David Wesley Williams
David Wesley Williams has been named the grand-prize winner of the 2015 Memphis Magazine Fiction Contest for his story “Itta Bena Slim.” Readers might know this author better simply as David Williams, sports editor of The Commercial Appeal. When his novel, Long Gone Daddies, came out (John F. Blair, 2013) “the publisher was concerned about David Williams being such a common name and there being other authors with it,” Williams explains. It’s also worth noting that this is the second grand prize for Williams in our fiction contest; his story “Memphis Minnie’s Ashes” took that award in 2002. (In the contest’s 27-year history, two other writers have won the grand prize twice.)
In addition to his novel — which won a Best Regional Fiction Gold Medal in the Independent Publishers Book Awards — his short stories have appeared in Harper Perennial’s Forty Stories collection and in various journals; one will appear in the forthcoming Memphis Noir collection.
“Itta Bena Slim” was inspired by the retired racing greyhounds, Lancelot and Popular, that Williams and his wife Barbara adopted. “They hang out with me every morning while I write my fiction,” says Williams, "before I go to work at the newspaper.” Williams and his wife started going to the races at Southland Gaming. “I was a bit of a snob, figuring dog races were beneath me — ha!” says Williams. “I quickly came to love watching the greyhounds run and trying to describe them on the page.” What he really wrote, however, is a dog-track love story with characters readers won’t soon forget.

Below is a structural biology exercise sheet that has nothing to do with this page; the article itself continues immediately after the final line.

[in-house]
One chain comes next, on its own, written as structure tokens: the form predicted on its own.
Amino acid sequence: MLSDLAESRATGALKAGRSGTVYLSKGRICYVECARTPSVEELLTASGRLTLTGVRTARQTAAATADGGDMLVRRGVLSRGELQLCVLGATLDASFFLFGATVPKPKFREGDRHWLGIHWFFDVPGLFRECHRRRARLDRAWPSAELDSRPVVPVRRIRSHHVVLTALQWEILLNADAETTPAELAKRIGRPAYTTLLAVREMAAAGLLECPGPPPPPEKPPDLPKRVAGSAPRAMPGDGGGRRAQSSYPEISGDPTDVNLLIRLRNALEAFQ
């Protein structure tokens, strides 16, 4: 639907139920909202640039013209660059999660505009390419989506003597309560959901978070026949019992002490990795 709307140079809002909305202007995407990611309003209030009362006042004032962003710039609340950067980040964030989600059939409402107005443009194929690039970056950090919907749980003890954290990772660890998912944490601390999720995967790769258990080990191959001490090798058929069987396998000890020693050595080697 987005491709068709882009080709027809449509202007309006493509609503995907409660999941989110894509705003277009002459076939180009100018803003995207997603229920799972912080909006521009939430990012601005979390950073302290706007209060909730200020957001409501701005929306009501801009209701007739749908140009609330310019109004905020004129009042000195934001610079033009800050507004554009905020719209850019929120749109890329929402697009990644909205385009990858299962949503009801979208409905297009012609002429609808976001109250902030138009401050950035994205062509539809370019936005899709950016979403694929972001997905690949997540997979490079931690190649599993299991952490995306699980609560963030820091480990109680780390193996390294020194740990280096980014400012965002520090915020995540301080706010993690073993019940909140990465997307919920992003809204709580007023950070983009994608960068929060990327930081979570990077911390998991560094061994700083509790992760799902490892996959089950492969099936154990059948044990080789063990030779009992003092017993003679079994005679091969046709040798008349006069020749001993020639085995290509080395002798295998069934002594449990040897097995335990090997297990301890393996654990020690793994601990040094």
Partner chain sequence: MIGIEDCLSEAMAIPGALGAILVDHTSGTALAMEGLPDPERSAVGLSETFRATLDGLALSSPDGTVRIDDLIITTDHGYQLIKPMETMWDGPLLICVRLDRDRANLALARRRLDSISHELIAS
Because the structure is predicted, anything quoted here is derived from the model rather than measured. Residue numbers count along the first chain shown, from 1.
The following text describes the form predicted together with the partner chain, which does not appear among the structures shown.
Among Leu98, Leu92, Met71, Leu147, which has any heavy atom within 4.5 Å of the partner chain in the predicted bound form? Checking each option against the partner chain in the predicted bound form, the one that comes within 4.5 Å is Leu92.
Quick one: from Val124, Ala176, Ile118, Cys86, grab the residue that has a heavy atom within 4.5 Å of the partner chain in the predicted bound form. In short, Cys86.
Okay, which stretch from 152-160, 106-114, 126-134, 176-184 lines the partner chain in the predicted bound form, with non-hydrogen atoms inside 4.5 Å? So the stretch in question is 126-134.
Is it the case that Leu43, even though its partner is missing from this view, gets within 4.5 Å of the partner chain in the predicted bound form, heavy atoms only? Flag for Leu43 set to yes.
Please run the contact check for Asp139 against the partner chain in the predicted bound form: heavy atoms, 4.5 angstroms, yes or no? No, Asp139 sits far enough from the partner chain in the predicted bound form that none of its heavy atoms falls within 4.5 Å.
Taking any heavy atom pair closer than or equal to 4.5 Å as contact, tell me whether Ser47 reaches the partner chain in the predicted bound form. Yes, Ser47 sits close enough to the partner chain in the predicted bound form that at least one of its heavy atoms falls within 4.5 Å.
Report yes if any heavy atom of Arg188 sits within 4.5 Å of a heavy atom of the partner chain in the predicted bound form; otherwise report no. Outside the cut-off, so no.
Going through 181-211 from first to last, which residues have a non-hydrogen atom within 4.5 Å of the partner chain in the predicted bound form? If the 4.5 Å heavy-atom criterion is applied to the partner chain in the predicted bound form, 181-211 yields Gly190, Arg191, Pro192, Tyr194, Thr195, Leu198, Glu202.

Williams has a warm spot for the fiction contest. “It’s dear to my heart,” he says, “the first acknowledgment by someone I wasn’t married to that my writing was worth reading.” His winning story will appear in the May issue of Memphis magazine.
Receiving an honorable mention award in our contest is Abby Rosenthal Johnson, who publishes as Abby Rosenthal. She lived in New York, California, Oklahoma, Washington, D.C., and Wyoming before settling in Memphis to teach English and raise a family with her husband, poet Thomas Johnson. Her stories have appeared in many literary magazines, and she is author of Ardor’s Hut, a book of poetry. Regarding her story, “Stall” — which tells of a confused wife and mother whose car is found in a blooming orchard on a spring day — she says, “It’s set in the countryside surrounding Memphis, landscapes I’ve driven through and admired. On a hot spring morning, an orchard or lone country store at a crossroads can seem mysterious and elusive.”
Also receiving an honorable mention award is Elizabeth Posner, for her story “Habibi.” Originally from New York City, Posner grew up in Ridgewood, New Jersey, and her story is inspired by a summer job experience at a Lebanese restaurant in Ridgewood. With a B.A. in philosophy and history from Brandeis University in Boston, Posner moved to Memphis in 2013 to teach Spanish as a Teach for America corps member. She works at Manassas High School and is writing a novel about that experience. She has also produced two plays that were performed at Brandeis.
We congratulate these three winners, and we appreciate all writers who entered the contest. We also extend a big thank-you to our longtime contest cosponsors, Burke’s Book Store and The Booksellers at Laurelwood.